A Rutgers-Eagleton poll released Wednesday found most New Jerseyans are well informed about the novel coronavirus.
Almost all respondents, 97%, correctly said the virus could be transmitted through close physical proximity or through contaminated surfaces.
A little more than four-fifths, 83%, correctly said they could not be infected with COVID-19 by mosquitos, and 91% knew seasonal flu vaccines did not protect against the virus.
“Virtually all New Jerseyans are well versed in the basics that we have known from the very beginning about this virus,” said Ashley Koning, director of the Eagleton Center for Public Interest Polling. “The problem is, however, that what we know about the virus keeps evolving, with more symptoms being added to official lists in the last week or so alone. This constantly changing landscape can cause confusion, so New Jerseyans must continue to be vigilant in informing themselves about the virus.”
While almost all New Jersey residents correctly identified the virus’s most common symptoms — fever, 95%, and a dry cough, 90% — they were less sure on others.
Roughly equal numbers of respondents said nasal congestion was a symptom, 45%, or was not a symptom, 47%. The latest guidance issued by the Centers for Disease Control does not list nasal congestion as a symptom of COVID-19.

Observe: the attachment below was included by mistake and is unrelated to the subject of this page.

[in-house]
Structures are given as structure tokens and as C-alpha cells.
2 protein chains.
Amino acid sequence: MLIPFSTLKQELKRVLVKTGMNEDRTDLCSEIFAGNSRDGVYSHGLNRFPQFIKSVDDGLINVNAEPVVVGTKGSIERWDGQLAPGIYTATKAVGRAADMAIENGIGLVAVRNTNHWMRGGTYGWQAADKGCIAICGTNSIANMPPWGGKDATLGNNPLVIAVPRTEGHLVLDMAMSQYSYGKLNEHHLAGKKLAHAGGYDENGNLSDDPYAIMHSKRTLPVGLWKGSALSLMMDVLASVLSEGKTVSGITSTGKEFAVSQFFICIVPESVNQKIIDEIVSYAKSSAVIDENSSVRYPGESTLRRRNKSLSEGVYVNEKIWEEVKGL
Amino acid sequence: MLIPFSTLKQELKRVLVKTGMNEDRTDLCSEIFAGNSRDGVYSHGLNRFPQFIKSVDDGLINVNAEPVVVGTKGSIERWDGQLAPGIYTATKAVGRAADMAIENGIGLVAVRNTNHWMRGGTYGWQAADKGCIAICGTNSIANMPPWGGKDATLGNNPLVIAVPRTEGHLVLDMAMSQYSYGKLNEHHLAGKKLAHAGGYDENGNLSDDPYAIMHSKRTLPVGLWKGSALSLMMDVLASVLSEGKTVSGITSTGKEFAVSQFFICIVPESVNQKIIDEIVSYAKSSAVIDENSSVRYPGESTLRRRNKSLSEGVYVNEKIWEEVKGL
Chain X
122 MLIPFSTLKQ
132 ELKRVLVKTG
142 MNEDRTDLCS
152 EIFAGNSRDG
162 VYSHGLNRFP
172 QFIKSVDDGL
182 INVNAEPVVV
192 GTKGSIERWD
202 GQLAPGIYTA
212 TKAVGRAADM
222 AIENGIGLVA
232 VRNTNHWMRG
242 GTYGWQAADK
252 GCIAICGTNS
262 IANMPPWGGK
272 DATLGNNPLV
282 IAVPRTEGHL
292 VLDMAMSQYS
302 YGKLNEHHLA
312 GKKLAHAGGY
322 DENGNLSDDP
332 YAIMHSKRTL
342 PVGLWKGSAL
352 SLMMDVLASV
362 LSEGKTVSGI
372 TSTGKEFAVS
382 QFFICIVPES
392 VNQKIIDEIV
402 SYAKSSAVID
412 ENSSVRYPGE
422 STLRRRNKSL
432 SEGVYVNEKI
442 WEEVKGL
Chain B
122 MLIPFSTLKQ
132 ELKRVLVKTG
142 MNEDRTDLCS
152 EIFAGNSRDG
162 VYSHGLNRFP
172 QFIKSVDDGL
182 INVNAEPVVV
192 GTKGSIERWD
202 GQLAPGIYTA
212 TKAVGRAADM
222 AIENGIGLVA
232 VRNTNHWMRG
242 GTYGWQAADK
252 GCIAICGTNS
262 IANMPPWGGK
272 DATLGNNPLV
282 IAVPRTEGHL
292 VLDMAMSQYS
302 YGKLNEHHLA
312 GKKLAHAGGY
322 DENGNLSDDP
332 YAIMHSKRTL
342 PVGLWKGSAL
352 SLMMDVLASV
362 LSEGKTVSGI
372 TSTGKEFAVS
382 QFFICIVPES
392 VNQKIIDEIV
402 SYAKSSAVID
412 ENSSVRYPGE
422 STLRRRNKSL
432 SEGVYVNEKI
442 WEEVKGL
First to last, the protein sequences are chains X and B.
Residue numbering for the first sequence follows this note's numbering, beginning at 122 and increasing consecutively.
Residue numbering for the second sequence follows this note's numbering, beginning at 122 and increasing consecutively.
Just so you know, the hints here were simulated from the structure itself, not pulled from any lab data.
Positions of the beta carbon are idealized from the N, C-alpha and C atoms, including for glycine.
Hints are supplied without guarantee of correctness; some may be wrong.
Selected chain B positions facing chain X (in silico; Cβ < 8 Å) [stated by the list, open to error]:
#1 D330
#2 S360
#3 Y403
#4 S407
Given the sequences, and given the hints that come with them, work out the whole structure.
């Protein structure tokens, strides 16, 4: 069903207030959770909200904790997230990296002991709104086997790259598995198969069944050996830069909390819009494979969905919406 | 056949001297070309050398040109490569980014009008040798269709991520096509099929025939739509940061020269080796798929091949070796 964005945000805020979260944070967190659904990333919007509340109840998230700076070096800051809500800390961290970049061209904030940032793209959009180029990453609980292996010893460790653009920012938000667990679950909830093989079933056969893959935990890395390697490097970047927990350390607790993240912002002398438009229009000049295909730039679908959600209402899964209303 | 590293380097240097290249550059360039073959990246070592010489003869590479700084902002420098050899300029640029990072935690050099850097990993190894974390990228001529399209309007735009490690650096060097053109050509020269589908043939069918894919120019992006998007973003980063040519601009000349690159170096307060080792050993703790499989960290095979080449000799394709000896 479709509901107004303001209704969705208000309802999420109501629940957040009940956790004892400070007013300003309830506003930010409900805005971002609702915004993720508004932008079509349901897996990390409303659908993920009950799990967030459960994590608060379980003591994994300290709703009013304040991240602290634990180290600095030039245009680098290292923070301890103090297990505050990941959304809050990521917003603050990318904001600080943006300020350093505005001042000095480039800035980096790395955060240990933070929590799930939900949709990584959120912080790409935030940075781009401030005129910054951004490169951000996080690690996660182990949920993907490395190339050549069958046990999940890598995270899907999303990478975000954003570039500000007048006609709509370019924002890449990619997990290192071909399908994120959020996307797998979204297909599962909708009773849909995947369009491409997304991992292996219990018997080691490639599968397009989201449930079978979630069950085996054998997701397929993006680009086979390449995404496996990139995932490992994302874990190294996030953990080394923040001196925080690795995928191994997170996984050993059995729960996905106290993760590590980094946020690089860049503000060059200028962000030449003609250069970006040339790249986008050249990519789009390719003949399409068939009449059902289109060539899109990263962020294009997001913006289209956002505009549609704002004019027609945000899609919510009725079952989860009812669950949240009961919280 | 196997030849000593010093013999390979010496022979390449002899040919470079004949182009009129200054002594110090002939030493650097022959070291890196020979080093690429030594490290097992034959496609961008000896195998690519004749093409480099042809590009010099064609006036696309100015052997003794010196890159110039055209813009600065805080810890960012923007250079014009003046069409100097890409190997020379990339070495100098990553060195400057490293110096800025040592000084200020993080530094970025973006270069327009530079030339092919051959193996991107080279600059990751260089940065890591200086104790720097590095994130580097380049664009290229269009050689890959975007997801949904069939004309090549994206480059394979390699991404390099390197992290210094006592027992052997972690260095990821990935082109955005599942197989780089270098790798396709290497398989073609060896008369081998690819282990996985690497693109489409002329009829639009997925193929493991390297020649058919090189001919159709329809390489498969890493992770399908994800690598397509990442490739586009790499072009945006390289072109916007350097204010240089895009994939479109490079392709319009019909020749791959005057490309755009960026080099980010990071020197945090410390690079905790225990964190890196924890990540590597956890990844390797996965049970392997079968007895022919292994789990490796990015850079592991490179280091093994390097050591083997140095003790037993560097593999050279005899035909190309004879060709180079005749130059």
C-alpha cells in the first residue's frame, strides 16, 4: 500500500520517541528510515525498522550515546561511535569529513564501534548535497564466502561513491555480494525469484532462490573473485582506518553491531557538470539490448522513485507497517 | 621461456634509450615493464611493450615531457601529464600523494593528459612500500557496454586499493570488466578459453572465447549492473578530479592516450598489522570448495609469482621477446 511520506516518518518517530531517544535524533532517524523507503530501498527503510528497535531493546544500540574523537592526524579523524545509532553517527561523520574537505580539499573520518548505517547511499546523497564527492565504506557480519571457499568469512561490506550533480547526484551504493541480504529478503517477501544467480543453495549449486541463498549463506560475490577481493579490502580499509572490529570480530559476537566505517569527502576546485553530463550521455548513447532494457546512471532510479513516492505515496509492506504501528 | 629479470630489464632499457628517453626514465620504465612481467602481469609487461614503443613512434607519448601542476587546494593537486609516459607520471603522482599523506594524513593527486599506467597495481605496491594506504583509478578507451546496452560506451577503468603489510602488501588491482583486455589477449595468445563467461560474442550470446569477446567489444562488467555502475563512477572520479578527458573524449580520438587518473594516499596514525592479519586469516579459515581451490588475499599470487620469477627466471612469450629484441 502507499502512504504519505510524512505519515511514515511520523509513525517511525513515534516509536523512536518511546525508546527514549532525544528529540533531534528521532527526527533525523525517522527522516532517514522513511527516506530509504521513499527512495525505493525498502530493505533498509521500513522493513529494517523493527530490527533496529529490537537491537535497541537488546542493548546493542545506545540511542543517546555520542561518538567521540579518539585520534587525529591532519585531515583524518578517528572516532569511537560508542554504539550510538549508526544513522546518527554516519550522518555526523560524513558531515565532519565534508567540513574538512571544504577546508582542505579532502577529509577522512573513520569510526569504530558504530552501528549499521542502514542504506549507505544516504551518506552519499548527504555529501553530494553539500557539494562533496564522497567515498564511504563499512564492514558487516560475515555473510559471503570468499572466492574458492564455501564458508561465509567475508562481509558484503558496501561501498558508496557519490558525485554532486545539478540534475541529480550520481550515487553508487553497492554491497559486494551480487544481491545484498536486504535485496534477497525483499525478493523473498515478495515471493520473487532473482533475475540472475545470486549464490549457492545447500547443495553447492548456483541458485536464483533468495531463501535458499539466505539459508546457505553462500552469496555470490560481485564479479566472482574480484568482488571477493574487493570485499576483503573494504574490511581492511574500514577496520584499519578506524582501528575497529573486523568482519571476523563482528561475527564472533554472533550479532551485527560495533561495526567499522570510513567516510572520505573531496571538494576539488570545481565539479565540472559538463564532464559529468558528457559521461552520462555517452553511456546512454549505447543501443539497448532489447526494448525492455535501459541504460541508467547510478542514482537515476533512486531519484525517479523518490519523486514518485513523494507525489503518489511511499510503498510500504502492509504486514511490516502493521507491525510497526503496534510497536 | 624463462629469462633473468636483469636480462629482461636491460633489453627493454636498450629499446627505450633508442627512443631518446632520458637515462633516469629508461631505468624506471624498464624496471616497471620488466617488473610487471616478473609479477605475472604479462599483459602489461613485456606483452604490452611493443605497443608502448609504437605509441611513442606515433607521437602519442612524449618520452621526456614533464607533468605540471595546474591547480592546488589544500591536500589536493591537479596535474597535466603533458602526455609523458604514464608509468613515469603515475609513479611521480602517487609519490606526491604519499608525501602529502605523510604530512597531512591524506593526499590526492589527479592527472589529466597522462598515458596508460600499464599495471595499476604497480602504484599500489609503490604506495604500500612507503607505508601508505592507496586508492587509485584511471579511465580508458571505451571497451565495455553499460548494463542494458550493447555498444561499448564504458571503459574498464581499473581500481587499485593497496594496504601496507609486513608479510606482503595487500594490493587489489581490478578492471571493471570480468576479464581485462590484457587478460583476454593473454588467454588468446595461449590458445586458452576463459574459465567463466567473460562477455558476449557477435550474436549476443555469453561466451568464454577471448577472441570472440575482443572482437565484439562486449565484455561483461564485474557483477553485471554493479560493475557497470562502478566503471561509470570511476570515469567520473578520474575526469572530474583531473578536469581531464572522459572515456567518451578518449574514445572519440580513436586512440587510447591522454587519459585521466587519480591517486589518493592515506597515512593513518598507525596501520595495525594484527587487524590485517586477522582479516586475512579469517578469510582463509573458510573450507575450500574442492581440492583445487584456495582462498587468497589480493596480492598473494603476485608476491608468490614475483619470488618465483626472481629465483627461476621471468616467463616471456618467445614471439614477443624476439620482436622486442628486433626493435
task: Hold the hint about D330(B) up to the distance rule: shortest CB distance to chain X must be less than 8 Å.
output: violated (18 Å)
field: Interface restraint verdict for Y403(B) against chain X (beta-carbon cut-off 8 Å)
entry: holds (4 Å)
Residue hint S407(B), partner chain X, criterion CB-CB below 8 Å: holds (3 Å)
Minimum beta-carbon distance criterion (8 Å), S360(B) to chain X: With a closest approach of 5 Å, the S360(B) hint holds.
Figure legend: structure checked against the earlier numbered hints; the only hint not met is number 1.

Most residents, 72%, also know the majority of COVID-19 cases result in relatively minor symptoms, though 18% believed otherwise.
Surprisingly, 100% of respondents know that hand washing is an important preventative measure, and 98% know to avoid large gatherings, while 97% know about cloth face covering guidelines issued by the CDC.
While wide majorities of residents reported following social distancing guidelines, fewer New Jerseyans are following those guidelines.
Eighty percent of residents said they had not left their homes for non-essential purposes, and 74% said they had not invited anyone outside of their household into their home.
“A large majority of New Jerseyans say they are following social distancing orders but not to the same extent as somewhat easier measures, like handwashing and masks,” Koning said. “Social distancing will only become harder as the weather gets nicer, as more restrictions get lifted, and as residents take more calculated risks, so these numbers will undoubtedly change in the weeks to come.”